Pearson, a London-based education giant, dominates testing and evaluations for students and teachers in New York, and the company’s influence is raising alarms with some of the state’s education leaders, Gannett’s Albany Bureau reported over the weekend.
The report found that Pearson has received lucrative contracts to design state assessments for public school students. Those test scores are then used to evaluate teachers.
Pearson is also formulating the exams college students must take in order to become certified teachers in New York.
Concerned about Pearson’s grip in New York, state leaders this year chose another company to design a general education diploma exam, even though Pearson does the work in other states.
“I have nothing to suggest that (Pearson’s) work is terribly poor or outlandish, or, on the other hand, that there’s anything spectacular about it,” said Richard Iannuzzi, president of New York State United Teachers, the state’s largest teachers’ union. “I think that we’ve allowed their bottom line to drive the quality of tests, and we’ve allowed a rushed timeline in New York to negatively influence their ability to do the best possible job.”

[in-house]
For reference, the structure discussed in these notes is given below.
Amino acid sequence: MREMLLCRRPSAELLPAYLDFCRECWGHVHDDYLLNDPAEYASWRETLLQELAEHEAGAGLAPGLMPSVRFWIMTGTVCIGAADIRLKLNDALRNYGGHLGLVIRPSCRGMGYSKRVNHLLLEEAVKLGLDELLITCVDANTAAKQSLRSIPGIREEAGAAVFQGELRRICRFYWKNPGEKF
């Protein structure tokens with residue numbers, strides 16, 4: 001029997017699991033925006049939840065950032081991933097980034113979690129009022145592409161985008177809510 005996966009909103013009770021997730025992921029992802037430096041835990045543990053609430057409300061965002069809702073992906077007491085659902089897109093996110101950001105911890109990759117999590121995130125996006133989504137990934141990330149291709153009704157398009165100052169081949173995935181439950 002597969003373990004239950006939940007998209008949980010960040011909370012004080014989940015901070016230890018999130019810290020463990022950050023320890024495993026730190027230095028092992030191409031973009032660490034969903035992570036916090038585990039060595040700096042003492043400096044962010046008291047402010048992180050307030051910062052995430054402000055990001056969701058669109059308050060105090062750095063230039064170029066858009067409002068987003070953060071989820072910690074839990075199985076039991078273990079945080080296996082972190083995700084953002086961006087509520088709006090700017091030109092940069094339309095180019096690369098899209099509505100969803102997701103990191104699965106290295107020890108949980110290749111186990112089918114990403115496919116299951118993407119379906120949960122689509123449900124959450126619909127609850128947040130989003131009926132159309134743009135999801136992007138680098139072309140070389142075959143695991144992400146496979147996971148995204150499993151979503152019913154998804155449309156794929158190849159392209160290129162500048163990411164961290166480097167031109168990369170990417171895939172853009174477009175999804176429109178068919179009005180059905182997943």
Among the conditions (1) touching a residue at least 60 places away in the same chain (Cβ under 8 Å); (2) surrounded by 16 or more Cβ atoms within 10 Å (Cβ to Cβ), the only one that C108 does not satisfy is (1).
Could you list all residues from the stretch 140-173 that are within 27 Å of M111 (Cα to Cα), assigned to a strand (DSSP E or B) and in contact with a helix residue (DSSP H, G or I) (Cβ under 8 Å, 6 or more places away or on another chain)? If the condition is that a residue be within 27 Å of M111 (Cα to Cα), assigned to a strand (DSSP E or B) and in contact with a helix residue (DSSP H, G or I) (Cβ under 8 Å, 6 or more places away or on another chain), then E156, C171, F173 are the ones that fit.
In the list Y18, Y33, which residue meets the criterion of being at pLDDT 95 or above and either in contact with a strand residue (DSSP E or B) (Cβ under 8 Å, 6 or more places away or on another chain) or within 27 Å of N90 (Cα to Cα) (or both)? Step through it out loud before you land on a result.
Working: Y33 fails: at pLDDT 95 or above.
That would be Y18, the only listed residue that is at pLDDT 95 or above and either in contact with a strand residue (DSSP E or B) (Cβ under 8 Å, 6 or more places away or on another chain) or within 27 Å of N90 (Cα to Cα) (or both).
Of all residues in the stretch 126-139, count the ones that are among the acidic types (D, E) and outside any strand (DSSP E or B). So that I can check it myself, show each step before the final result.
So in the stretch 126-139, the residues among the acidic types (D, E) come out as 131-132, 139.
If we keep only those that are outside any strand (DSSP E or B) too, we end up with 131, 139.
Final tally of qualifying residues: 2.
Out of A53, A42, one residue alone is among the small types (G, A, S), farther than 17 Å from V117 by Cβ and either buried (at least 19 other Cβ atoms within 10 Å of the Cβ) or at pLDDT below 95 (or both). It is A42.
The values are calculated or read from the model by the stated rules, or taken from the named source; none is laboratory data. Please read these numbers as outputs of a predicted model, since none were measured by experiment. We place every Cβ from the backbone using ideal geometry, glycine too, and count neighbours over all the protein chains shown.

Pearson has been a dominant force in Albany as the state has rapidly expanded testing to meet federal mandates and new standards pushed by Gov. Andrew Cuomo. The state began a $32.1 million five-year contract with Pearson in 2011 for math and language arts assessments for some grades, tests that this year were aligned to a new, more difficult curriculum, called the Common Core.
Students are expected to see a 30 percent drop in scores on the late-April exams, a prediction that frustrated teachers and parents who said schools did not have enough time to prepare. Test scores are expected to be released later this summer.
Parents, protesting the exams, argued that testing had become more important in schools than learning and blamed the private company’s influence for the apparent shift.
State Education Commissioner John King said on a public radio program in April that concerns over the privatization of public education are valid ones, and the state works to limit any one company’s weight. But Pearson said it operates under a strict contract that ensures quality and that New York continues to choose the company because it stands out from competitors.